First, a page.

Find the inverses (no special system required) of$A_{1}=\left[ \begin{array}{ll}{0} & {2} \\ {3} & {0}\end{array}\right], \quad A_{2}=\left[ \begin{array}{ll}{2} & {0} \\ {4} & {2}\end{array}\right], \quad A_{3}=\left[ \begin{array}{rr}{\cos \theta} & {-\sin \theta} \\ {\sin \theta} & {\cos \theta}\end{array}\right]$

- Find the inverse of the permuation matrices $P=\left[ \begin{array}{lll}{0} & {0} & {1} \\ {0} & {1} & {0} \\ {1} & {0} & {0}\end{array}\right] \quad \text { and } \quad P=\left[ \begin{array}{lll}{0} & {0} & {1} \\ {1} & {0} & {0} \\ {0} & {1} & {0}\end{array}\right]$
- Explain why for permutations $P^{-1}$ is always the same as $P^T$, by using showing that the $1$’s are in the right places to give $PP^T = I$.

From $AB=C$ find a formula $A^{-1}$. Do the same for $PA =LU$.

- If A is invertible and $AB =AC$ prove quickly that $B=C$.
- If $A = \begin{bmatrix}1 & 0 \\ 0 & 0\end{bmatrix}$, find an example with $AB= AC$ but $B \neq C$.

If the inverse of $A^2$ is $B$ show that the inverse of $A$ is $AB$. (Thus whenever $A^2$ is invertible)

Use the Gauss-Jordan method to invert $A_{1}=\left[ \begin{array}{lll}{1} & {0} & {0} \\ {1} & {1} & {1} \\ {0} & {0} & {1}\end{array}\right], \quad A_{2}=\left[ \begin{array}{rrr}{2} & {-1} & {0} \\ {-1} & {2} & {-1} \\ {0} & {-1} & {2}\end{array}\right], \quad A_{3}=\left[ \begin{array}{ccc}{0} & {0} & {1} \\ {0} & {1} & {1} \\ {1} & {1} & {1}\end{array}\right]$

Find three 2 by 2 matrices other than $A=I$ and $A = -I$ that are their own inverse $A^2 = I$.

Show that $\begin{bmatrix} 1 & 1\\3 & 3\end{bmatrix}$, has no inverse by trying to solve $\left[ \begin{array}{ll}{1} & {1} \\ {3} & {3}\end{array}\right] \left[ \begin{array}{ll}{a} & {b} \\ {c} & {d}\end{array}\right]=\left[ \begin{array}{ll}{1} & {0} \\ {0} & {1}\end{array}\right]$

When elimination fails for singular matrices like $A=\left[ \begin{array}{llll}{2} & {1} & {4} & {6} \\ {0} & {3} & {8} & {5} \\ {0} & {0} & {0} & {7} \\ {0} & {0} & {0} & {9}\end{array}\right]$ show that $A$ cannot be invertible. The third row of $A^{-1}$, multiplying A, should give the third row of $A^{-1}A = I$. Why is this impossible?

Find the inverses (in any legal way) of:$A_{1}=\left[ \begin{array}{llll}{0} & {0} & {0} & {1} \\ {0} & {0} & {2} & {0} \\ {0} & {3} & {0} & {0} \\ {4} & {0} & {0} & {0}\end{array}\right], \quad A_{2}=\left[ \begin{array}{rrrr}{1} & {0} & {0} & {0} \\ {-\frac{1}{2}} & {1} & {0} & {0} \\ {0} & {-\frac{2}{3}} & {1} & {0} \\ {0} & {0} & {-\frac{3}{4}} & {1}\end{array}\right], \quad A_{3}=\left[ \begin{array}{cccc}{a} & {b} & {0} & {0} \\ {c} & {d} & {0} & {0} \\ {0} & {0} & {a} & {b} \\ {0} & {0} & {c} & {d}\end{array}\right]$

give examples of $A$ and $B$ such that:

- $A+B$ is not invertible although $A$ and $B$ are invertible
- $A + B$ is invertible although $A$ and $B$ are not invertible
- all of $A, B$ and $A+B$ are invertible In the last case use $A^{-1}(A+B)B^{-1} = B^{-1} + A^{-1}$ to show that $B^{-1} + A^{-1}$ is also invertible — and find a formula for its inverse.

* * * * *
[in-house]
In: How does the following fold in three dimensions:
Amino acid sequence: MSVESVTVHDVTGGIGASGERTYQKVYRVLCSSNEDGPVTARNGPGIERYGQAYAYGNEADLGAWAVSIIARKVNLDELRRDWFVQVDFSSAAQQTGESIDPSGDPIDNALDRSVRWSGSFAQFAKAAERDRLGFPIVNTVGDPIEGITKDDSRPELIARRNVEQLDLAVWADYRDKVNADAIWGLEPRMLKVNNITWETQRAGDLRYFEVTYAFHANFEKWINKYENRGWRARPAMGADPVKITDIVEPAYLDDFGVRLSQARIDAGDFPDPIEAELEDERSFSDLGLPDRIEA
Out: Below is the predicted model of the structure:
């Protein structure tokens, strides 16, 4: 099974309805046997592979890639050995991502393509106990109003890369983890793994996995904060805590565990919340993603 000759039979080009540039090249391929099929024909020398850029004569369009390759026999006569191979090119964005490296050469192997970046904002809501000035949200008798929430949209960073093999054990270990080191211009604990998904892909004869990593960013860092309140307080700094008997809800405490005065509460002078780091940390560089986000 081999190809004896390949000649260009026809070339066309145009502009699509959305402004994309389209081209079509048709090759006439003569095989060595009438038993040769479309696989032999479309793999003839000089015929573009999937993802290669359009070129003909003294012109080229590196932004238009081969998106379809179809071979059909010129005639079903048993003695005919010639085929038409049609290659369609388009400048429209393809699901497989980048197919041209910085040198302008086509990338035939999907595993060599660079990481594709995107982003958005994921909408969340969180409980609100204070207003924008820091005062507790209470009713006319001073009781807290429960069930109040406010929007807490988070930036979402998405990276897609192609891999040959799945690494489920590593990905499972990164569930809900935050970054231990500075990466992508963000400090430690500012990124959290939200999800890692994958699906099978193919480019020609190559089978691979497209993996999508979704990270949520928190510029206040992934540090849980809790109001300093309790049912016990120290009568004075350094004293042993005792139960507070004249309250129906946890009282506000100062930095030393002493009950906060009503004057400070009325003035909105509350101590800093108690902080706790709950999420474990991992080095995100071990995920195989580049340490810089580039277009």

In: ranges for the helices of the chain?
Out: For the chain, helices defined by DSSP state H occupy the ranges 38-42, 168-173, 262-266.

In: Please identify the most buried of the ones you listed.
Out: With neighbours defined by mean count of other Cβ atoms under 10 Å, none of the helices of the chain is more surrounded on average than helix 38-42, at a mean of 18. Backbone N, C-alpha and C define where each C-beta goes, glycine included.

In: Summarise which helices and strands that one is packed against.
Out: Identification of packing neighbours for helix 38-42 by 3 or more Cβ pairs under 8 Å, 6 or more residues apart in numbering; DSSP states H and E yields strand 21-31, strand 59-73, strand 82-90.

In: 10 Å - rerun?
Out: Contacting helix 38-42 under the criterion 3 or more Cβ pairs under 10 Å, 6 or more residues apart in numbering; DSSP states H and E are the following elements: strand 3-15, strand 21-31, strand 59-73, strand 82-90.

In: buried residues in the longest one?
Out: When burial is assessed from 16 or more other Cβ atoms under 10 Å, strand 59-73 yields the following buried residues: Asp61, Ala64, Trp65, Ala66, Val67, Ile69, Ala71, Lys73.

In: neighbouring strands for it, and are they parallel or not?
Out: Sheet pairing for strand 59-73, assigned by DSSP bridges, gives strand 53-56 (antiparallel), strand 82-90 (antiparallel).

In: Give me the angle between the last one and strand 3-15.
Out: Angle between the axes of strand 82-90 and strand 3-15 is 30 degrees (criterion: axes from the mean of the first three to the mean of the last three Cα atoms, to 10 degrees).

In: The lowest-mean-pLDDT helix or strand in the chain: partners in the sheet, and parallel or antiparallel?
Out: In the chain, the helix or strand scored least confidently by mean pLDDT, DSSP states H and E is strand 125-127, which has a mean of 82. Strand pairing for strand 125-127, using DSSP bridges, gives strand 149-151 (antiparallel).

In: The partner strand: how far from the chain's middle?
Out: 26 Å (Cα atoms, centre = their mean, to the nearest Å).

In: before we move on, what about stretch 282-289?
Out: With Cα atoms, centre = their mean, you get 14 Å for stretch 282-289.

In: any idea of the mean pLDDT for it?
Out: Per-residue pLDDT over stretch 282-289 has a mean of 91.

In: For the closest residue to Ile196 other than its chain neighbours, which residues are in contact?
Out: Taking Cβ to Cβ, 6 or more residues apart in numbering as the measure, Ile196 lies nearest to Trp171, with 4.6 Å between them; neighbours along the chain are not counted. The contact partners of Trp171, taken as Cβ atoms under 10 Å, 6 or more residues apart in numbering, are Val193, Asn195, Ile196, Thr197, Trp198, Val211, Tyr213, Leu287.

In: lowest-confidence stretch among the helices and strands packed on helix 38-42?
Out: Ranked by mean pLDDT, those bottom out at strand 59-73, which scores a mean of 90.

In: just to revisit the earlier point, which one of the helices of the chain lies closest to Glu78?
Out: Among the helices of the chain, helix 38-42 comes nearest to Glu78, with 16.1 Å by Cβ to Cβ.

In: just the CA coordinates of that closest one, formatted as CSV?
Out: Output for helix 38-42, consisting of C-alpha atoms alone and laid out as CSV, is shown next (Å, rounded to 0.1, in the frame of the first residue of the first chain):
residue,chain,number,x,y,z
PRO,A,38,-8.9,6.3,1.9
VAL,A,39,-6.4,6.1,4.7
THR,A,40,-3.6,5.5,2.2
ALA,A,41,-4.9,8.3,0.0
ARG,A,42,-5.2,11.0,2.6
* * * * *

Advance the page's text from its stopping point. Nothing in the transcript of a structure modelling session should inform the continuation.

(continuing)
Which properties of a matrix $A$ are preserved by its inverse (assuming $A^{-1}$ exists)? (1) $A$ is trinagular, (2) A is Symetric, (3) A is tridiagonal, (4) all entries are whole numbers, (5) all entries are fraction (including whole numbers like $\frac31$)

If $A = \begin{bmatrix}3 \\ 1\end{bmatrix}$ and $B = \begin{bmatrix}2 \\ 2\end{bmatrix}$ compute $A^TB,B^TA, AB^T, BA^T$.

(Important) Prove that even for rectangular matrices $AA^T$ and $A^TA$ are always symmetric. Show by example that they may not be equal even for square matrices.

Show that for any wquare matrix $B, A = B + B^T$ is always symmetric and $K = B - B^T$ is aways skew-smmetric — which means that $K^T = -K$. Find these matrices when $B = \begin{bmatrix} 1 & 3 \\ 1 & 1\end{bmatrix}$, and write $B$ as the sum of a symmetric matrix and a skewsymetrix matrix.

- How many entries can be chosen indeppendently, in a symmetric matrix of order $n$?
- Hoe many entries can be chosen independently in a skew-symmetric matrix of order $n$?

- If A = LDU, which 1’s on the diagonals of $L$ and $U$, what is the corresponding factorization of $A^T$? Note that $A$ and $A^T$ (squres matrices with no row exchanges share the same pivots.)
- What triangula system will give solution to $A^Ty = b$

If $A=L_1D_1U_1$ and $A = L_2D_2U_2$, prove that $L_1 = L_2, D_1=D_2$ and $U_1 = U_2$, If $A$ is invertible the factorization is unique.

- Derive the equation for $L_1^{-1}L_2D_2 = D_1U_1U_2^{-1}$ and explain why one side is lower triangular and the other side is upper triangular.
- Compare the main diagonals in the eauation, and then compare the offdiagonals.

Under what conditions on its entries $A$ is invertible if: $A=\left[ \begin{array}{lll}{a} & {b} & {c} \\ {d} & {e} & {0} \\ {f} & {0} & {0}\end{array}\right] \quad \text { or } \quad A=\left[ \begin{array}{lll}{a} & {b} & {0} \\ {c} & {d} & {0} \\ {0} & {0} & {e}\end{array}\right] ?$

If the 3 by 3 matrix $A$ has row 1 + row 2 = row 3, show that it is impossible to solve $Ax = [ 1 \quad 2 \quad 4]^T$. Can $A$ be invertible?

Compute the symmetric $LDL^{T}$ factorization of $A=\left[ \begin{array}{ccc}{1} & {3} & {5} \\ {3} & {12} & {18} \\ {5} & {18} & {30}\end{array}\right] \quad \text { and } \quad A=\left[ \begin{array}{ll}{a} & {b} \\ {b} & {d}\end{array}\right]$

Find the inverse of $A=\left[ \begin{array}{cccc}{1} & {0} & {0} & {0} \\ \frac{1}4 & {1} & {0} & {0} \\ {\frac{1}{3}} & {\frac{1}{3}} & {1} & {0} \\ {\frac{1}{2}} & {\frac{1}{2}} & {1} & {1}\end{array}\right]$

If $A$ and $B$ are suqre matrices, show that $I - AB$ is invertible if $I - BA$ is invertible. Start from $B(I-AB) = (I-BA)B$.